Bryan Pacheco headshot
August 22, 2012
Looking to Harlem – Creating a Safe Space for the Older Black LGBT Community
By: Bryan Pacheco

Harlem is undoubtedly one of the most well-known African-American neighborhoods in NYC and the nation. Part of its rich history includes the Harlem Renaissance, a literary movement celebrating black cultural identity in the 1920s and 30’s. It is also home to the Apollo Theatre, a cultural landmark that has hosted influential black icons and leaders such as President Barack Obama, Chaka Khan and Michael Jackson. What might not be as well-known, however, is that there are a number of local black and gay-owned businesses in the community such as Harlem Flo and Billie’s Black, showcasing that lesbian, gay, bisexual and transgender (LGBT) people exist in Harlem.

There is also a significant aging community. One in three Harlem residents are age 50 and older, according to 2006 estimates from The New York City Department of Health and Mental Hygiene. And as an outreach coordinator for SAGE (Services and Advocacy for GLBT Elders), I also know well that a significant number of these older adults are LGBT.

SAGE’s Harlem neighborhood program attracts numerous LGBT older adults of color, with more than half of our participants self-identifying as black. One of the most critical issues raised by older black LGBT community members is the need for safer spaces. According to SAGE’s 2008 Harlem Exploratory Research Study, older gay black men generally resisted the ideas of street-level SAGE Harlem signs and storefront access because they felt that their safety would be compromised. The threat of violence towards this community is a barrier to accessing services and living openly as LGBT people.

Freddie Wright, a 69-year-old SAGE Harlem participant, believes that homophobia and the prevalence of “machismo” attitudes are huge issues in the black community, forcing many gay black men to live their lives in secrecy for fear of encountering violence. Cynthia Diao, a 58-year-old Harlem resident, notes that violence is also a major concern for older black lesbians: “You don’t know how to meet other lesbians. You can’t just go up to another woman and ask if she’s gay because you don’t know what the response will be. You run the risk of being attacked.”

The fear of experiencing violence or discrimination is also apparent in smaller ways. For example, we regularly receive requests from participants of SAGE Harlem to only send anonymous mail and to never send anything that will “out” them as LGBT people, such as having the acronym “LGBT” visible on the envelope.

To be out or perceived as LGBT can make someone the target of anti-LGBT epithets and harassment. This can be especially frightening for older people, says Wright. “Sometimes when I walk down the street, I’ll hear someone yell ‘faggot’ and I know it’s directed at me. I try to walk a little faster and get myself as far away as possible.” He adds, “Being older, it’s even worse. People see you as an easy target, like you can’t defend yourself because maybe you use a cane and walk a little slower or trust too easily.”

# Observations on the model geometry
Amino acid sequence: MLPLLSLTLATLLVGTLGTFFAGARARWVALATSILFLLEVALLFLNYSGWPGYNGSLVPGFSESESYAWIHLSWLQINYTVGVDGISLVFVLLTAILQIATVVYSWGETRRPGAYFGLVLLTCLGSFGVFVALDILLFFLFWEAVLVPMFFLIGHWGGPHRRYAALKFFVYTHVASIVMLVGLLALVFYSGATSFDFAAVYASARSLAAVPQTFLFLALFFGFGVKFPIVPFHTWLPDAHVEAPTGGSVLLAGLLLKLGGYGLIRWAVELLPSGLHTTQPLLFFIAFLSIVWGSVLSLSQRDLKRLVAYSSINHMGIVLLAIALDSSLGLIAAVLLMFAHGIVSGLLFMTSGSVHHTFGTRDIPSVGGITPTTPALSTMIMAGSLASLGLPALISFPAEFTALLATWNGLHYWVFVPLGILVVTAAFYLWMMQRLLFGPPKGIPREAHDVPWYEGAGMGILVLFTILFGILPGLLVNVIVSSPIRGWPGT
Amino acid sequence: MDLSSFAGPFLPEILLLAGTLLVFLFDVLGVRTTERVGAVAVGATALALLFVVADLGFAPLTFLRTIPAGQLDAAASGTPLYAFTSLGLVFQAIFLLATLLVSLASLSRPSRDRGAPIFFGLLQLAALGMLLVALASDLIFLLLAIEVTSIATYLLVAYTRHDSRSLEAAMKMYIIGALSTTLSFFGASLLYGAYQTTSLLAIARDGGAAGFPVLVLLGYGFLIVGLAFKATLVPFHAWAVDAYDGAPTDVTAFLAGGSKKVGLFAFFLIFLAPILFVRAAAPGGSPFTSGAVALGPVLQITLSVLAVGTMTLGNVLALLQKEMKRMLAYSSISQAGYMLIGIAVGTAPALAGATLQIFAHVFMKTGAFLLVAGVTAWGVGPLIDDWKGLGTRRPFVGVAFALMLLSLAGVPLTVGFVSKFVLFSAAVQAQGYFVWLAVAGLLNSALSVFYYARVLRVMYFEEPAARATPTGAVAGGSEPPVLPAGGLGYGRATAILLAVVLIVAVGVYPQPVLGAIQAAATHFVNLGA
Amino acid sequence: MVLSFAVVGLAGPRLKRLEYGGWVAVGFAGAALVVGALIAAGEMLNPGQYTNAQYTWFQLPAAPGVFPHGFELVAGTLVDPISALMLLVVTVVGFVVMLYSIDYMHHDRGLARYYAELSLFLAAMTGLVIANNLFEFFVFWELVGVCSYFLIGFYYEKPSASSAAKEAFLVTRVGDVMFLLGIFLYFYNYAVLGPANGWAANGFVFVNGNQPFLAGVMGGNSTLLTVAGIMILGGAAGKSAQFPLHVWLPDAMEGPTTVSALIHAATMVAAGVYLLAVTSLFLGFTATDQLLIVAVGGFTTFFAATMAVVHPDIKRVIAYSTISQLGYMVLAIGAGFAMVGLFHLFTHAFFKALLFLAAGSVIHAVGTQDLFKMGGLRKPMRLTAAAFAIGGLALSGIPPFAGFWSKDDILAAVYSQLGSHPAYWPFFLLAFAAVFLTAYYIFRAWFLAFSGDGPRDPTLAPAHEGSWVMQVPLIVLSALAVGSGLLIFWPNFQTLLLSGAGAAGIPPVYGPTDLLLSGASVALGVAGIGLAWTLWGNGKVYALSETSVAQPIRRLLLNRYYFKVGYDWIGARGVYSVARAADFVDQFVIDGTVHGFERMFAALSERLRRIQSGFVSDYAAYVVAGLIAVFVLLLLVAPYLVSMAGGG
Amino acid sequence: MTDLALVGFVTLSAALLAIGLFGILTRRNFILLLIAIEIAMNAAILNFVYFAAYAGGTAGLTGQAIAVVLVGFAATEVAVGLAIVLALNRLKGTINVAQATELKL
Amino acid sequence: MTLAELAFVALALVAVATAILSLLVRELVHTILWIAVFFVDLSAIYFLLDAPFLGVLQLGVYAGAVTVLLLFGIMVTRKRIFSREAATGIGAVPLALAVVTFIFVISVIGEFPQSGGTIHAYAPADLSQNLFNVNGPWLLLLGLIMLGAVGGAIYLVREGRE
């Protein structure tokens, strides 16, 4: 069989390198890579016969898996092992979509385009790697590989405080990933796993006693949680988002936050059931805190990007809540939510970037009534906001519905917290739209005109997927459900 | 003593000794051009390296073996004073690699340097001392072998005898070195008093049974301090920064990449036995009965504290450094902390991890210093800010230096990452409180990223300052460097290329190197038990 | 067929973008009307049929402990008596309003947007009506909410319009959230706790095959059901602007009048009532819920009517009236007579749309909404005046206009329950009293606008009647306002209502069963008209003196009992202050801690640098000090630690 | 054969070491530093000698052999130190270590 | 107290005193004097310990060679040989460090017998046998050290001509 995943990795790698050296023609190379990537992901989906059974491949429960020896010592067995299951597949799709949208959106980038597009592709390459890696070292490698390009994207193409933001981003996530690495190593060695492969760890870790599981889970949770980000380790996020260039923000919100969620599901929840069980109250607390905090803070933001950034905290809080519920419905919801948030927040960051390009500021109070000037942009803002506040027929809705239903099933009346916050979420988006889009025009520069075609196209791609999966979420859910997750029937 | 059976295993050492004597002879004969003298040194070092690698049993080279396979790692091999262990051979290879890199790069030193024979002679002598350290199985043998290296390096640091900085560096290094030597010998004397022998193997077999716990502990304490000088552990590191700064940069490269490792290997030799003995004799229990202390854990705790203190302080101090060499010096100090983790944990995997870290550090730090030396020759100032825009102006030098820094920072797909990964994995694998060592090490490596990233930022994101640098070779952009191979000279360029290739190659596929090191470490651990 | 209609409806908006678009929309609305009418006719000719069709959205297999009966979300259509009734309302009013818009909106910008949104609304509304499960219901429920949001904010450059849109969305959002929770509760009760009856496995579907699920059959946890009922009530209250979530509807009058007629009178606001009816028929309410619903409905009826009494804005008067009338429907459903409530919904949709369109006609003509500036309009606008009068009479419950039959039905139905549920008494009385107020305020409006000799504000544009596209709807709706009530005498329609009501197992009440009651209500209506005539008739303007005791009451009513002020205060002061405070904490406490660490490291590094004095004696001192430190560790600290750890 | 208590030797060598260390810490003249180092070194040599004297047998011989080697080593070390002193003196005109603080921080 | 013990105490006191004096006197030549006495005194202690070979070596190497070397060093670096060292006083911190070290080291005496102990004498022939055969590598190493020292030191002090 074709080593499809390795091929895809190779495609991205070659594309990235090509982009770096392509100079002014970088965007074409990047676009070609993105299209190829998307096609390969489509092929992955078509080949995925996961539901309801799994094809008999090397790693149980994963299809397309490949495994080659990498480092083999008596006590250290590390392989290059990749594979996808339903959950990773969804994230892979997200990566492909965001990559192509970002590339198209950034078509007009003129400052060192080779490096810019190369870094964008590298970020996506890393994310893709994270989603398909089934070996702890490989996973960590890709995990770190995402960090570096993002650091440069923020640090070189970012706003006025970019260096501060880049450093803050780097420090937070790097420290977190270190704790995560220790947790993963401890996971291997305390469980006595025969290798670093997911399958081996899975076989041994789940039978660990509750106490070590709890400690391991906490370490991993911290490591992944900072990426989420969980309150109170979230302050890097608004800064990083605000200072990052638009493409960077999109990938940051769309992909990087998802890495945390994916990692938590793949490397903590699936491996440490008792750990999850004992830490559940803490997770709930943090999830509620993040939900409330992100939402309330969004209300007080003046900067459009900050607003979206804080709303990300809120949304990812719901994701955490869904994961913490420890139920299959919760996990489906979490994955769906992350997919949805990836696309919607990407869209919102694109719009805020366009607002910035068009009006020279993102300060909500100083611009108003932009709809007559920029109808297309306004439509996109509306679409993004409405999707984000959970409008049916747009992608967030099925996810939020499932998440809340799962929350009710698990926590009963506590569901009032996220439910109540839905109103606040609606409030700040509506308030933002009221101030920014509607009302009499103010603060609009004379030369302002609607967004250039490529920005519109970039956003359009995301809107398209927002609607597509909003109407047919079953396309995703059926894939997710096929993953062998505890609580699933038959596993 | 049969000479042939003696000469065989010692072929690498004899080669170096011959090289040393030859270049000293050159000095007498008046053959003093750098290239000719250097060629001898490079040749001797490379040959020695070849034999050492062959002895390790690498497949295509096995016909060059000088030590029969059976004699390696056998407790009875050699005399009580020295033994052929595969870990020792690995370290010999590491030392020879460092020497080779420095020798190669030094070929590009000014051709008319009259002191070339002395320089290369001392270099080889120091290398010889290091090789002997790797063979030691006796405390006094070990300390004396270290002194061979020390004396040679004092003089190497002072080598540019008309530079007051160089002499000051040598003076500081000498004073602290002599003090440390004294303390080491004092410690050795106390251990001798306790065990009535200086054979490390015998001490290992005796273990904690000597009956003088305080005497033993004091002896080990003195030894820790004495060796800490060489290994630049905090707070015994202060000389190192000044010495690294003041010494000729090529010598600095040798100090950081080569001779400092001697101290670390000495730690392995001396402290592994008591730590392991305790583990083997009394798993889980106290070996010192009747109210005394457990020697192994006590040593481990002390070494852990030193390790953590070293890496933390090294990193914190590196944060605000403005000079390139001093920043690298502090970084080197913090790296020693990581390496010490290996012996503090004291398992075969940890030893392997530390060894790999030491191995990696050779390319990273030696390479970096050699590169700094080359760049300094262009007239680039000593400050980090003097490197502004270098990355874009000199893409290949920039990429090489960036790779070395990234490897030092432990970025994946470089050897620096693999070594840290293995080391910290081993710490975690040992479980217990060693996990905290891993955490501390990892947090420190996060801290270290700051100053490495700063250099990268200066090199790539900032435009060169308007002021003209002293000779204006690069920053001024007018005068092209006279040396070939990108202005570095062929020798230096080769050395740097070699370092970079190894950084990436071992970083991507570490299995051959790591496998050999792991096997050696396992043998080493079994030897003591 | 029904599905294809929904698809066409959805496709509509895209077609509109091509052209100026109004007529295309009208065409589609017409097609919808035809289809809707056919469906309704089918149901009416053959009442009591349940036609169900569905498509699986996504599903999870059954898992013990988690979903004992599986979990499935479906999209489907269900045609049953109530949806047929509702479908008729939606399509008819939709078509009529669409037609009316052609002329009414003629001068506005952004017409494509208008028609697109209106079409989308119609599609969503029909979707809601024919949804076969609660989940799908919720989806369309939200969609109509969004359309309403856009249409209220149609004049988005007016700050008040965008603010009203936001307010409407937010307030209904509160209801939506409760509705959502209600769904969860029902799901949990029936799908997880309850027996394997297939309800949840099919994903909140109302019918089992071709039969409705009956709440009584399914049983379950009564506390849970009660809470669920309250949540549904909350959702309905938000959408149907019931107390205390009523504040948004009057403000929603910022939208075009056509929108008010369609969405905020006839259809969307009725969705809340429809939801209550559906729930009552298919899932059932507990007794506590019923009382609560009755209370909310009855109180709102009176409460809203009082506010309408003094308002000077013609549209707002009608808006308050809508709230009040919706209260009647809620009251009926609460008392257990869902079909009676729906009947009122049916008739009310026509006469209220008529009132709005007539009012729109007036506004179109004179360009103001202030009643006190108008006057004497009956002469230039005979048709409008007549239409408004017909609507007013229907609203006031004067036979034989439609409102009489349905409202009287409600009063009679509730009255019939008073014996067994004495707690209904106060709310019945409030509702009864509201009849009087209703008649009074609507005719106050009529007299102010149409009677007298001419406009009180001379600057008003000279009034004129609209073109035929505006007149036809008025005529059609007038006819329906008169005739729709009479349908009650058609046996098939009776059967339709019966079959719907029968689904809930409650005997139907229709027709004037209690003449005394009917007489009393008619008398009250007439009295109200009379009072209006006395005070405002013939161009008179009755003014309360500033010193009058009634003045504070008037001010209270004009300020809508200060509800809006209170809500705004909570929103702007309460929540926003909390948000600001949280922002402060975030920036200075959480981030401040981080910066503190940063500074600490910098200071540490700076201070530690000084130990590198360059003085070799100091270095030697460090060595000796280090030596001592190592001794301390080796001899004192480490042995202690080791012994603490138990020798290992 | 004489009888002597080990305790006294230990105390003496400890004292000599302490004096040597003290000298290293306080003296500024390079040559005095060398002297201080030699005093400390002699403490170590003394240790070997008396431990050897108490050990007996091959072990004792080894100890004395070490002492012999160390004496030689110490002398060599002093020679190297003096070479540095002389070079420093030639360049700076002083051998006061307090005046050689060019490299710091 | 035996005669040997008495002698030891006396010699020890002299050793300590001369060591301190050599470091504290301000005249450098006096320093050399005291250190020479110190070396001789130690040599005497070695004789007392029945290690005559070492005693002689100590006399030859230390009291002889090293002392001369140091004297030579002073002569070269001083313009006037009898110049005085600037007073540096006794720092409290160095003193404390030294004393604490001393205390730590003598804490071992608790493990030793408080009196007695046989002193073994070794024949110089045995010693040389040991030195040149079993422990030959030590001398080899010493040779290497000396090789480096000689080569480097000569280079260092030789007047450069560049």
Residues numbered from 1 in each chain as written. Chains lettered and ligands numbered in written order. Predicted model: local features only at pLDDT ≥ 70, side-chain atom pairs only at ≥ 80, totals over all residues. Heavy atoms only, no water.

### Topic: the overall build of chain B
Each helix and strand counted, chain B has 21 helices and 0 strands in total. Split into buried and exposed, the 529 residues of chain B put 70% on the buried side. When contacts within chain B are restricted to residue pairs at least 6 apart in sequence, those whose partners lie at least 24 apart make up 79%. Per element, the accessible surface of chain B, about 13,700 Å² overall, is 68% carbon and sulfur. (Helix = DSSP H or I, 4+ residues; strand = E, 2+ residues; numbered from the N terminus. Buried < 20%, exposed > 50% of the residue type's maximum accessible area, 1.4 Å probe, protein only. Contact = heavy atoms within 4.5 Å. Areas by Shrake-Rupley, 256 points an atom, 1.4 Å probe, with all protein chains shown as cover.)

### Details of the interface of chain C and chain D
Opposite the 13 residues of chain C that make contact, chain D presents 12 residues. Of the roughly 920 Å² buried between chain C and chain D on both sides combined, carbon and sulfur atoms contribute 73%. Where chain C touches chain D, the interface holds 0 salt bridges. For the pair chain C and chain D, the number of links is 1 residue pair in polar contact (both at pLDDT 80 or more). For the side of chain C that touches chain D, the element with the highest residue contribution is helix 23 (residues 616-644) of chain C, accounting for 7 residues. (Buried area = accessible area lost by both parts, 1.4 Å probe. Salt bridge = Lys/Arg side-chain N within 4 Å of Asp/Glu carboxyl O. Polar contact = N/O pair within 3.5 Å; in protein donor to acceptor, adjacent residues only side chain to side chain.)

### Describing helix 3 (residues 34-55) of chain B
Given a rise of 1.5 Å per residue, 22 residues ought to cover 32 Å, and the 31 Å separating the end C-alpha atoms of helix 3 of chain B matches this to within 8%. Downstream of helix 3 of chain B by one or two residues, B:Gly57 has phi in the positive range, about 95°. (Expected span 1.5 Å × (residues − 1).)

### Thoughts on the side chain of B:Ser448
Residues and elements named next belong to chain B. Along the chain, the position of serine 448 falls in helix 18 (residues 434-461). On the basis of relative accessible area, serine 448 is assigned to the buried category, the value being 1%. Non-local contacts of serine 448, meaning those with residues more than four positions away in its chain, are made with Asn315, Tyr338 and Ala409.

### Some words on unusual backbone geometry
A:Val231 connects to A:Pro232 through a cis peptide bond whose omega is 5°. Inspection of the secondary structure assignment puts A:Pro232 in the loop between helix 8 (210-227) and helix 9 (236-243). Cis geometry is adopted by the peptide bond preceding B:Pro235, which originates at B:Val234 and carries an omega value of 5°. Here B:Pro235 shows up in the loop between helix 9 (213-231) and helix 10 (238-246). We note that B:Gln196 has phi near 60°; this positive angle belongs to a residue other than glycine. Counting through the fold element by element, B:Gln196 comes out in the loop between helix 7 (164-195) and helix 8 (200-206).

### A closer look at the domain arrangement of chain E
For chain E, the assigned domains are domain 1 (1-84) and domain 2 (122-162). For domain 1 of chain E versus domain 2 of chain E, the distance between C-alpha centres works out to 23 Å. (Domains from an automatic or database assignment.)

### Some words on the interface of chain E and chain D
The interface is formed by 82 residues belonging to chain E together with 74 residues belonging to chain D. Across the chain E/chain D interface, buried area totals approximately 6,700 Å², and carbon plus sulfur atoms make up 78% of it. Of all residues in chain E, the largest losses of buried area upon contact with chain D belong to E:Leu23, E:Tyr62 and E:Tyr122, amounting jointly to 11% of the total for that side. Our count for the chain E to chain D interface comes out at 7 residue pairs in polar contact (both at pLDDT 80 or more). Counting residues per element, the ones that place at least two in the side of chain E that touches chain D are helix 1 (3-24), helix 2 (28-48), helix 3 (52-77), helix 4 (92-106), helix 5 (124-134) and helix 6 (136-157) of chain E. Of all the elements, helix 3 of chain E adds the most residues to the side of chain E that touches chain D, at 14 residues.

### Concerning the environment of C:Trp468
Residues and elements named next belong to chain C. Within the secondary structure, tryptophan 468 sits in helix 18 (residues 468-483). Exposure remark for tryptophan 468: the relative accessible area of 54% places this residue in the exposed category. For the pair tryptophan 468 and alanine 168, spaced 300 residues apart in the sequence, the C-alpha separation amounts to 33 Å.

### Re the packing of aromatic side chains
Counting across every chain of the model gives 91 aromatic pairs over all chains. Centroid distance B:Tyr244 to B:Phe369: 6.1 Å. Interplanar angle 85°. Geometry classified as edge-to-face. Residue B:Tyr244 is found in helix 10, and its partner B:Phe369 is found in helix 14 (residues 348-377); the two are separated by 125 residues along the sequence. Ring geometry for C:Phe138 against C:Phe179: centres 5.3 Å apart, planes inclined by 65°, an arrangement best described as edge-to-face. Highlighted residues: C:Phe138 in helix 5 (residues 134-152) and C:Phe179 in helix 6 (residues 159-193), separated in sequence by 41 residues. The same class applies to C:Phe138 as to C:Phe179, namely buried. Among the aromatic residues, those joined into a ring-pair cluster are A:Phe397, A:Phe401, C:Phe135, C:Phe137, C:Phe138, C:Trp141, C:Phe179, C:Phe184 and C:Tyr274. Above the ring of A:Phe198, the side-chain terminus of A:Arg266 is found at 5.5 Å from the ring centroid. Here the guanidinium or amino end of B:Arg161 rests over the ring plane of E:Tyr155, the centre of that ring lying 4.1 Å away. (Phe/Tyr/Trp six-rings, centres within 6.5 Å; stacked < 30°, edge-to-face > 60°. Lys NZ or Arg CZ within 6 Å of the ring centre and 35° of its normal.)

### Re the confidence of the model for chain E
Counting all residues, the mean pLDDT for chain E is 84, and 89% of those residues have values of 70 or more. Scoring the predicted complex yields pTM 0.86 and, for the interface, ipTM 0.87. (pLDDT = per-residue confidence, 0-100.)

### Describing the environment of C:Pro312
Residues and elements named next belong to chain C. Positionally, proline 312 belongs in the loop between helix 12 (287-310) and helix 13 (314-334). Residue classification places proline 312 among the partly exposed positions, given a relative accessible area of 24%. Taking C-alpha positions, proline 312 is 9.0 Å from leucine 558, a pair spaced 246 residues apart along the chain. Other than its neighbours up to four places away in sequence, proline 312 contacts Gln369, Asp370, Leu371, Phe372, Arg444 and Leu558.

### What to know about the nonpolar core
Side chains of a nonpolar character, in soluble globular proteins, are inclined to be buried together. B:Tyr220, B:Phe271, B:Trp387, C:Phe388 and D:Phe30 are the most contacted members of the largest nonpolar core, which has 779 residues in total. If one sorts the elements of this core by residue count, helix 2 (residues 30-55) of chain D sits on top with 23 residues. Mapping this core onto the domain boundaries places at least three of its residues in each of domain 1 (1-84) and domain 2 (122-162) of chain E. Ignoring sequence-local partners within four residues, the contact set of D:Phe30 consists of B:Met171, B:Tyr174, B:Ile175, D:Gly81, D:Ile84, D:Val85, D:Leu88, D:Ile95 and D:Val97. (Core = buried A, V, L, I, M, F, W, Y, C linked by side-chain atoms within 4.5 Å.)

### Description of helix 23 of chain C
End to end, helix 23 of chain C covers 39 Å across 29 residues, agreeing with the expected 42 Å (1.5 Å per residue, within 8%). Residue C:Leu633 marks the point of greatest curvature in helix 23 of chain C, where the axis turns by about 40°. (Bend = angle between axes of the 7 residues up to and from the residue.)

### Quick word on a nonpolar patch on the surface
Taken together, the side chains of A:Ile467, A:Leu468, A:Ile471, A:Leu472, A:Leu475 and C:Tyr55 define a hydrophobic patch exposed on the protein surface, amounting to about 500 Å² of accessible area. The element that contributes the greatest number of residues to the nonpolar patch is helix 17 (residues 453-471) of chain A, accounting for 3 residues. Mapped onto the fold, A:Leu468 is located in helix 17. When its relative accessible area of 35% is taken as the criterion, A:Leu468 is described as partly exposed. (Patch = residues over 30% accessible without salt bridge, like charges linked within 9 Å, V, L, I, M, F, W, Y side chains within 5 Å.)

Violence towards older and LGBT people is not unique to Harlem or the black community. According to MedlinePlus, elder abuse is a serious problem nationwide and can include physical, sexual, or emotional abuse, and taking or misusing money or property of an older person. And this violence can end lives. According to a 2011 report from the National Coalition of Anti-Violence Programs, there were 30 murders motivated by bias against LGBT people in the U.S. last year, the largest number ever recorded by the coalition. Additionally, 87 percent of these LGBT victims were people of color.

On a national level, SAGE is lobbying government officials to adopt their recommendation to specify LGBT older adults as a vulnerable population with the greatest economic and social need in The Older Americans Act (OAA), the country’s leading vehicle for delivering services to older people nationwide.  By adopting SAGE’s recommendation, the OAA would encourage aging organizations to create culturally appropriate services and programs that address the unique needs of LGBT elders and would help fund programs such as SAGE Harlem, which provides safe spaces for a community that urgently needs it.

SAGE Harlem serves as a model for local organizations in the area that are striving to be more welcoming of black LGBT elders. In 2011, our program provided LGBT aging and sensitivity training and conducted outreach to hundreds of black churches, community-based organizations, institutions and local black-owned businesses. We are out in the community sending the message that LGBT older adults are part of what makes Harlem vibrant, and that there is a safe space for them at SAGE Harlem’s office at the famous old Teresa Hotel, another historic landmark in this neighborhood.

However, programs and organizations aren’t the only catalysts for change.

Wright is a shining example of the positive contribution that a person can make to his community. Not only is Wright an active member of SAGE Harlem’s Men’s 50+ group and Buddy-2-Buddy program, he also leads his own support group for older gay black men through Gay Men of African Descent (GMAD), a NYC organization for LGBT black men. His reasons for giving back are simple: “I want to help other older gay men in the black community feel safe.”

Bryan Pacheco is an Outreach Coordinator for the SAGE Harlem Program at Services & Advocacy for GLBT Elders (SAGE). The opinions expressed in this article are those of the author and do not necessarily reflect those of the Diverse Elders Coalition.